Nine years later comes their sixth album, and maybe their best yet – Why Make Sense – and in some ways they’re completely different and yet hardly removed from the collective that endeared me all those years ago. Where have they changed? Well, despite their great hooks and quirky album tracks The Warning, breakthrough that it was, felt like a band still finding their feet a little, and as a live proposition they were still green. Now, they are the finished product: one of the most inventive bands around, making records that are catchy, but intelligent, poppy but heartfelt and emotional, and somehow still sounding, well, like Hot Chip, even though in any album they’ll cross through five different genres. And live, they’re one of my favourite bands ever. Part of this is down to their development as a live act, whether it’s coming out of their shells as frontman/men, becoming more confident of their sound, honing their work from the studio to the stage much more coherently, and now crossing the tricky rubicon from making an album with synths, drum machines and all sorts, and making that sound heavy live. More of that later.
In reality, they’ve taken a step forward at each album’s release, but Made In The Dark was a watershed: they didn’t succumb to temptation to try and make hits, they just did what they did, with a few more touches, a few different synths, but never moved away from making music they wanted to. That album had more standout tracks – One Pure Thought, Ready For The Floor and Shake A Fist – all the while not treating their fans (old and new) like fools, and making repeated listens bear fruit each time. And One Life Stand was as fully-formed as they’ve got up to now. I love each album and track in their own right, but until Why Make Sense I didn’t know if they’d better it, however much I loved In Our Heads.
But Why Make Sense is a revelation. It’s Hot Chip, undoubtedly, but it just feels like another leap forward. There’s reasons for this – admitted and assumed – but for a band that’s been making records for over a decade, and in that ever-changing electronic/pop arena it’s hard enough to stay relevant and keep fresh. I think Hot Chip have managed it as they’ve never been interested in doing anything ‘cool’, and so they never have to beat anything but their own expectations. But the band’s ever-growing side projects – Al and Felix’s brilliant New Build, Joe and Raf’s 2 Bears, Alexis’ About Group, B&O, Atomic Bomb Band – have clearly let them scratch an in-between-album itch that means each new album means they’re fully focused and also more relaxed at the same time. For a band that have been going so long, (in modern terms for non-rock) they seem still to be the best of friends, and while Alexis and Joe are the hub of the band’s music and lyrics, there’s a gentle creep to a more collaborative ethos that can only be positive. But above all, they still manage to put their finger on the themes that have kept them bubbling from the start – love, friendship, the world they live in, growing old – that they manage to convey in such rich, listenable ways. Why Make Sense combines all of these brilliantly.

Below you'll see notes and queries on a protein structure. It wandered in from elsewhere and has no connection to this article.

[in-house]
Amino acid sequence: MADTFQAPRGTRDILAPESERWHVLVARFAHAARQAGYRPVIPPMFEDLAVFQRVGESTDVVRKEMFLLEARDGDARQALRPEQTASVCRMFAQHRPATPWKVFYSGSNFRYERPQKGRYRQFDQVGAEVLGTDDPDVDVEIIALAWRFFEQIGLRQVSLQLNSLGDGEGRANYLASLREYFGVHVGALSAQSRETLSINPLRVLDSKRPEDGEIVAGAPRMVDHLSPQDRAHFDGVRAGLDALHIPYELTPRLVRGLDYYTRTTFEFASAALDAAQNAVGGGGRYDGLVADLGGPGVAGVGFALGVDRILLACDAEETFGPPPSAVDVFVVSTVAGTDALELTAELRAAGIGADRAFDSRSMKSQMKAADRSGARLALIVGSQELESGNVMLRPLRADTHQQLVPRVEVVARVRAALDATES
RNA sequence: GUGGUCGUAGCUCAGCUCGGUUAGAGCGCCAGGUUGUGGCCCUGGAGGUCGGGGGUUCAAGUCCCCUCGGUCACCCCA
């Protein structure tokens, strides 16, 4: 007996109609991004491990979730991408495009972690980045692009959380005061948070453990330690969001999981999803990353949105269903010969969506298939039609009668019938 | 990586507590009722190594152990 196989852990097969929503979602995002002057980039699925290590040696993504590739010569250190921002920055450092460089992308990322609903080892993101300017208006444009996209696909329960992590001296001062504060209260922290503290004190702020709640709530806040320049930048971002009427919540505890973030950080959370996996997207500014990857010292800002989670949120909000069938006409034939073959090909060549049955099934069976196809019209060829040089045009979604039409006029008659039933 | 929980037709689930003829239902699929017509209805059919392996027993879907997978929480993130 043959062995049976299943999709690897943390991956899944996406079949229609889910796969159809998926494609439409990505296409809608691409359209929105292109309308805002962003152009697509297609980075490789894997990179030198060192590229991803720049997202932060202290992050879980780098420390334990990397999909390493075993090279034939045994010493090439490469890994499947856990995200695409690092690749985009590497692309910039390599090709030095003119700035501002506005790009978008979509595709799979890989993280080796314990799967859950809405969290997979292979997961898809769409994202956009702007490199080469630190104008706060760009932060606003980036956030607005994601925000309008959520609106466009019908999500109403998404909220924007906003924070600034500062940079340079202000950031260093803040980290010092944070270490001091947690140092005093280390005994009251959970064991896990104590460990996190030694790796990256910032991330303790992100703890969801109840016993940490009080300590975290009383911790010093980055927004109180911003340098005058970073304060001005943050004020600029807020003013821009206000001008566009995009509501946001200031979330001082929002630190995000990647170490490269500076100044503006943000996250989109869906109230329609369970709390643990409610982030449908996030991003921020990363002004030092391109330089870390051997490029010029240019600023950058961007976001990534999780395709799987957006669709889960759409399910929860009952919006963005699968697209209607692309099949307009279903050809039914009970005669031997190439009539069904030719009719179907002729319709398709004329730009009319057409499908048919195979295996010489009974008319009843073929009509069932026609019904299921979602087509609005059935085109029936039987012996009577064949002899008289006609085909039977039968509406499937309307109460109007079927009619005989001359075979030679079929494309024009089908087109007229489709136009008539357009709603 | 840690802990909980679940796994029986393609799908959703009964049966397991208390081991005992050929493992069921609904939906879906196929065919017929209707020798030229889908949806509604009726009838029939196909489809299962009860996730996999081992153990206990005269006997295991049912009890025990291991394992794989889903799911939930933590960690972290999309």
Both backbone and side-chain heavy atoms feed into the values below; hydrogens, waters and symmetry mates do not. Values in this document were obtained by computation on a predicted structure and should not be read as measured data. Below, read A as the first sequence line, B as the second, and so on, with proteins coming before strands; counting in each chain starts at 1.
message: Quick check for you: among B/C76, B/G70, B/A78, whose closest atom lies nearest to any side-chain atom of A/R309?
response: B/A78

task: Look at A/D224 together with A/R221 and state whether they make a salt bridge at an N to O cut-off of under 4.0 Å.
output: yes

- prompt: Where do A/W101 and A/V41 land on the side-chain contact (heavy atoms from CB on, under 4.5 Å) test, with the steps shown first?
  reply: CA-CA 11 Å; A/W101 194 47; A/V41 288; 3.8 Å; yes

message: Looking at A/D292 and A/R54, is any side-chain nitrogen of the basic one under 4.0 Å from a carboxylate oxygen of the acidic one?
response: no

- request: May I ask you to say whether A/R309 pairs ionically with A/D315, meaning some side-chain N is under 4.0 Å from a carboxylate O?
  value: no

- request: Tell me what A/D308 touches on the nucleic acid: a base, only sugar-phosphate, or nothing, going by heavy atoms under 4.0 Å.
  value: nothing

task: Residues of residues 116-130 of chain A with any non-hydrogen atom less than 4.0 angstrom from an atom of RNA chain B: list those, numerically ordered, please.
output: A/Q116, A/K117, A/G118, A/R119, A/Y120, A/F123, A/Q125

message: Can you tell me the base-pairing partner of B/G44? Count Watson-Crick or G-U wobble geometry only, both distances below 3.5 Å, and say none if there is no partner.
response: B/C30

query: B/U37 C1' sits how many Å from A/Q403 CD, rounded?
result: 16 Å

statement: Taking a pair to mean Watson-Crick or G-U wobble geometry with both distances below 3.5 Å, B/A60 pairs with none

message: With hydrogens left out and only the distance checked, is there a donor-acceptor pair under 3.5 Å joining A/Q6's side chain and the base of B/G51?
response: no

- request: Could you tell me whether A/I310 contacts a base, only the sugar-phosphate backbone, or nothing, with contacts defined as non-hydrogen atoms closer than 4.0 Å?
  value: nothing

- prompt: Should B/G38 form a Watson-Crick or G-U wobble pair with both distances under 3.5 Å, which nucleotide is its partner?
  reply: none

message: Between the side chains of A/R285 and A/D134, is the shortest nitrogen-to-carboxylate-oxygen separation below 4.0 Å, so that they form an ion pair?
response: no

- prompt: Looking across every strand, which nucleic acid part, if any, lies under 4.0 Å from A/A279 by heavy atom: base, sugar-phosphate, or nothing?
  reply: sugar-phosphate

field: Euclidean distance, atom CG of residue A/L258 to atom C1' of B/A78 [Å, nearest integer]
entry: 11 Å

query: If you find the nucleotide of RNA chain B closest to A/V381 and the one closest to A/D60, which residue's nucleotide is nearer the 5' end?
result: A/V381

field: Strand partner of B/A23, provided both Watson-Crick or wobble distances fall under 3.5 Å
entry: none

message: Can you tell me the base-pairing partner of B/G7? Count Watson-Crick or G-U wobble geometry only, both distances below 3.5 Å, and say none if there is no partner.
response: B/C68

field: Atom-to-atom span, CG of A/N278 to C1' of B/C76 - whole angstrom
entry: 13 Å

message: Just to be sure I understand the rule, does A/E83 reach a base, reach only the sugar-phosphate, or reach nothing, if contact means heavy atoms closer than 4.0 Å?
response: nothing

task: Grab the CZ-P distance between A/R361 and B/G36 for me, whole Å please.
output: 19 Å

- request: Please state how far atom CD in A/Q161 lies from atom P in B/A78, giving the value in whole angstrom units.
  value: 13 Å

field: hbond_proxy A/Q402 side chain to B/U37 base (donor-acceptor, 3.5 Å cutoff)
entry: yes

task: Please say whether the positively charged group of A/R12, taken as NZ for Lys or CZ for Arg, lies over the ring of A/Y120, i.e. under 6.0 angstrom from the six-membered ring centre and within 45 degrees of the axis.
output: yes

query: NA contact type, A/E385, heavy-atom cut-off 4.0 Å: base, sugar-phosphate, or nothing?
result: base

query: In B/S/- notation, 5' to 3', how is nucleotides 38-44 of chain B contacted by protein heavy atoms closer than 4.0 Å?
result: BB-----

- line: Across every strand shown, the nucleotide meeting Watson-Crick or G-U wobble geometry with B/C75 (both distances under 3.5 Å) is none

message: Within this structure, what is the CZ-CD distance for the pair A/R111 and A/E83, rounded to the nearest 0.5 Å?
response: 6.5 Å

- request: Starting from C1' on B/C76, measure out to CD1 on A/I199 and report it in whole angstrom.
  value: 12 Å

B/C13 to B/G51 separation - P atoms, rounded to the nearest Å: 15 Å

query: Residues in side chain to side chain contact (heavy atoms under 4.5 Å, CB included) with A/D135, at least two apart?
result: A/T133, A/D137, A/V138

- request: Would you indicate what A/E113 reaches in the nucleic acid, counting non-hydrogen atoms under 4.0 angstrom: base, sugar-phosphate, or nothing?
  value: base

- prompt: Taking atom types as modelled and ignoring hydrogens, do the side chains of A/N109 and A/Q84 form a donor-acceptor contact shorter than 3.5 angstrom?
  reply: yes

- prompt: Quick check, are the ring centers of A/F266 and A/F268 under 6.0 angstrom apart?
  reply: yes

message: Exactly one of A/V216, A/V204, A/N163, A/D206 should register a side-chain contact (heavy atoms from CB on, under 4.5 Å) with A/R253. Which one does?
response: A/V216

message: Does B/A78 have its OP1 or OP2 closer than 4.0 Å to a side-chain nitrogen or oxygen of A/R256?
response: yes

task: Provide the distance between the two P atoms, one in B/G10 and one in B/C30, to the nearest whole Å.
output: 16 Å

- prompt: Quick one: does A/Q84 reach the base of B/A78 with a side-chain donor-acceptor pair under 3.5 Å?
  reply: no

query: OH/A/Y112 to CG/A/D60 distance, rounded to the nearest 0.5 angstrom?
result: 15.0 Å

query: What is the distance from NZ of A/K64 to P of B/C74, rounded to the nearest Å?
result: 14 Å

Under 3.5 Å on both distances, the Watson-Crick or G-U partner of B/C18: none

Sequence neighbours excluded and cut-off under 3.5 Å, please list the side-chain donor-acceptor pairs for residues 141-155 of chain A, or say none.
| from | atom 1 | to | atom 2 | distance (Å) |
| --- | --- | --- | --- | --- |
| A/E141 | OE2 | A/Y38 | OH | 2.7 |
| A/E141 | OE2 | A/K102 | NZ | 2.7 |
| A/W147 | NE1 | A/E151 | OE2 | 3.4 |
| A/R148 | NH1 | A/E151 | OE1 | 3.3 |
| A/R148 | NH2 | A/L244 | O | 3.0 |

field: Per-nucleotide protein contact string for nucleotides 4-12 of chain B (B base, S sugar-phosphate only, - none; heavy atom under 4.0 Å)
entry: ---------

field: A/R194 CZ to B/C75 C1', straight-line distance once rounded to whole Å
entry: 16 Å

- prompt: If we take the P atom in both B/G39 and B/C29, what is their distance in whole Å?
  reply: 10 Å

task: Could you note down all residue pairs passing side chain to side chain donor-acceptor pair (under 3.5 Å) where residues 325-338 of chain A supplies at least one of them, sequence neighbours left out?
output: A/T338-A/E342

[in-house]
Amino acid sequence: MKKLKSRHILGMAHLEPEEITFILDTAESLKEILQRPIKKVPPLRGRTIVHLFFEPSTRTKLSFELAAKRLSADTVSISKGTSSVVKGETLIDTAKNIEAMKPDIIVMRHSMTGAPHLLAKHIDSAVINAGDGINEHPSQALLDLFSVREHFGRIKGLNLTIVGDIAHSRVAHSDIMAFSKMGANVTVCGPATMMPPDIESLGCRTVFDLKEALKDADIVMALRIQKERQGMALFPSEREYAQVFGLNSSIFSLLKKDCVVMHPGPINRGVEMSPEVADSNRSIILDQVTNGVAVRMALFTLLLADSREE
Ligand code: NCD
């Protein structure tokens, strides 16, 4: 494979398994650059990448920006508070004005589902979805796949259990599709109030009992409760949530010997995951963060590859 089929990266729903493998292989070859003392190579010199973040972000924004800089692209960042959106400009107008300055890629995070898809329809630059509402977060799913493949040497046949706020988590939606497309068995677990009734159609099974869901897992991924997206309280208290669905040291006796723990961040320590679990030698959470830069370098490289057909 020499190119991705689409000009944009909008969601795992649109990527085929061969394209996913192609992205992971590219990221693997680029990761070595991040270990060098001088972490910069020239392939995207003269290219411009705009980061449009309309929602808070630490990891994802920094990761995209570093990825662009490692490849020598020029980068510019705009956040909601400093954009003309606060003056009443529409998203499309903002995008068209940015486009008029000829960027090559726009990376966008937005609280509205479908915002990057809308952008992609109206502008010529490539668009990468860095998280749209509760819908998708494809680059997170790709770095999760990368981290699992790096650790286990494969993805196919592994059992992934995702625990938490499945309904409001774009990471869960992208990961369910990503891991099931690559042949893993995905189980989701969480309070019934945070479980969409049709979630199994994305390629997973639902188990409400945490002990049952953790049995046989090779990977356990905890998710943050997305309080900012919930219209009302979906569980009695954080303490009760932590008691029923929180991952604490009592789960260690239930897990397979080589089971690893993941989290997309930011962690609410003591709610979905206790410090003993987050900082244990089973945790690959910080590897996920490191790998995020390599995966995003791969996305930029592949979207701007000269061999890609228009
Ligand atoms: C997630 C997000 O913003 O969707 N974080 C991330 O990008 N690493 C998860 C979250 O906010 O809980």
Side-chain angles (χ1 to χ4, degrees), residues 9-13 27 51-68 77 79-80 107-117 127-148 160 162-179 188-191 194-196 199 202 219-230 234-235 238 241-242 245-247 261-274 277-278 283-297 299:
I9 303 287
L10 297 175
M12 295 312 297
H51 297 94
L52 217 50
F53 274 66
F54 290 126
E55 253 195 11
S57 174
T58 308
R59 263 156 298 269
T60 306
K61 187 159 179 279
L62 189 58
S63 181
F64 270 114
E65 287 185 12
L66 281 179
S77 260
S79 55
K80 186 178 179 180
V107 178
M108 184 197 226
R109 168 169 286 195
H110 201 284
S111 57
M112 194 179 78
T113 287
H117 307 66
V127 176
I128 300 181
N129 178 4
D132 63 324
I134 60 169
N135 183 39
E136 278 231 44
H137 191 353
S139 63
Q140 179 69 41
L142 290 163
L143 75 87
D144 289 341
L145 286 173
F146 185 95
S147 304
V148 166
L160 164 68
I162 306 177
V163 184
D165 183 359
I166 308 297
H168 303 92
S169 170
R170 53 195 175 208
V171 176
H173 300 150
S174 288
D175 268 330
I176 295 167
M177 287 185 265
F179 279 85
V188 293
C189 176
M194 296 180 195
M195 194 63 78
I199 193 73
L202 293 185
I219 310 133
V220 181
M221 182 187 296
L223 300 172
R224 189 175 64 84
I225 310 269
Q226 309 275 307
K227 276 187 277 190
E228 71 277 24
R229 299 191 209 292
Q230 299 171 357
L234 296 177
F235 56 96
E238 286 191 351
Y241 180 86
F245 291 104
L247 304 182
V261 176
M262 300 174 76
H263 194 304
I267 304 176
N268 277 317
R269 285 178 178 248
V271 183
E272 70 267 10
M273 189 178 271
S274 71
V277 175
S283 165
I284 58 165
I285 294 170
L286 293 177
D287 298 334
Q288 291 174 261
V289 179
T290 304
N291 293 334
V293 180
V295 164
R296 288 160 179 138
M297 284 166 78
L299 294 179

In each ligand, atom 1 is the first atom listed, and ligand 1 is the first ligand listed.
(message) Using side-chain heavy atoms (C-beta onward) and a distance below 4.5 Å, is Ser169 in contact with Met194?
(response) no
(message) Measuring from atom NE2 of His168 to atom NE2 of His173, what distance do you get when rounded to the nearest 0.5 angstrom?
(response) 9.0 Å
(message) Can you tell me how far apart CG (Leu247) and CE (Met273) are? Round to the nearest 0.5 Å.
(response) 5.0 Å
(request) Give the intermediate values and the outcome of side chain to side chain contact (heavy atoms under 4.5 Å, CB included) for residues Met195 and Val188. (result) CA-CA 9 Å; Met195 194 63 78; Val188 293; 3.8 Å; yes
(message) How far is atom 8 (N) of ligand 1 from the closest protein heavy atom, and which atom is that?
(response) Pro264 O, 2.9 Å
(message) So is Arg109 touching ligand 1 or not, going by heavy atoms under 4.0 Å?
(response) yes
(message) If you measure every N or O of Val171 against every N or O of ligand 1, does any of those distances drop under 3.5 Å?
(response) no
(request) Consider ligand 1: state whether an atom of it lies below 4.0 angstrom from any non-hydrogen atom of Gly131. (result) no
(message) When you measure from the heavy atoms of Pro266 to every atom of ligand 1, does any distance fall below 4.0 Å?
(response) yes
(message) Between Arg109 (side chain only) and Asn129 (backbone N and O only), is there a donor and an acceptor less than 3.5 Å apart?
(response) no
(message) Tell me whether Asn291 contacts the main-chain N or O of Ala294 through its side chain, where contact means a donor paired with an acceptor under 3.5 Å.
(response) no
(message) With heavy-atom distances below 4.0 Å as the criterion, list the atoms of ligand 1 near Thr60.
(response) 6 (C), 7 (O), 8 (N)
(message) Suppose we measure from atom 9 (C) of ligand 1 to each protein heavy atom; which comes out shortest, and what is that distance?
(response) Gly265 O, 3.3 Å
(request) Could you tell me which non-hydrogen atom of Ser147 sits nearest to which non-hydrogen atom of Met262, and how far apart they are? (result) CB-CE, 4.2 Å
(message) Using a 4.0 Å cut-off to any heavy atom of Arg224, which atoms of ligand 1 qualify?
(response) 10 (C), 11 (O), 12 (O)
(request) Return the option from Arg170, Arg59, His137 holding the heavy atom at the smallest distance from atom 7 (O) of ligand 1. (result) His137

Musically, it’s as close to an actual band as they’ve ever been. If that seems throwaway, it’s not. But touring and their transformation into a mighty stage entity, means they wanted to make an album that could translate most directly to a live experience as they ever have. No 5 synth parts, two 909s, three guitars. With regular drummer Sarah Jones and multi-instrumentalist Rob Smoughton (The Grosnvenor) in tow on tour they are able to realise anything in their back catalogue, and their ‘warm-up’ tour this month, which I caught at Oval Space in London, was the best gig I’ve ever seen of them, and I’m well into double figures. Musically, and live, they are on the up, something that’s a rare path when you’ve been making music as long as they have.
There’s so much to love about Why Make Sense, which – to a Hot Chip first timer – would encapsulate everything they’re about as a band. Huarache Lights is an absolute banger of an opener. And all honed around fat leads (and a vocal phrase that can’t but help make me smile about the Happy Mondays’ Hallelujah, was it meant? who cares?) and lyrics that exalt getting ready, and putting on your Nikes. “Machines are great but, best when they come to life, you can’t put your finger on the pulse of the night” comes out of the second verse and is just lyrically as punchy as ever. Yet straight away they’re questioning their place in the world in their 30s, are they still relevant? “Replace us with the things that do the job better”. This song alone makes a mockery of that, but the fact they’ll openly bear such an obvious insecurity in their opening song to a new album just endears them to me even more.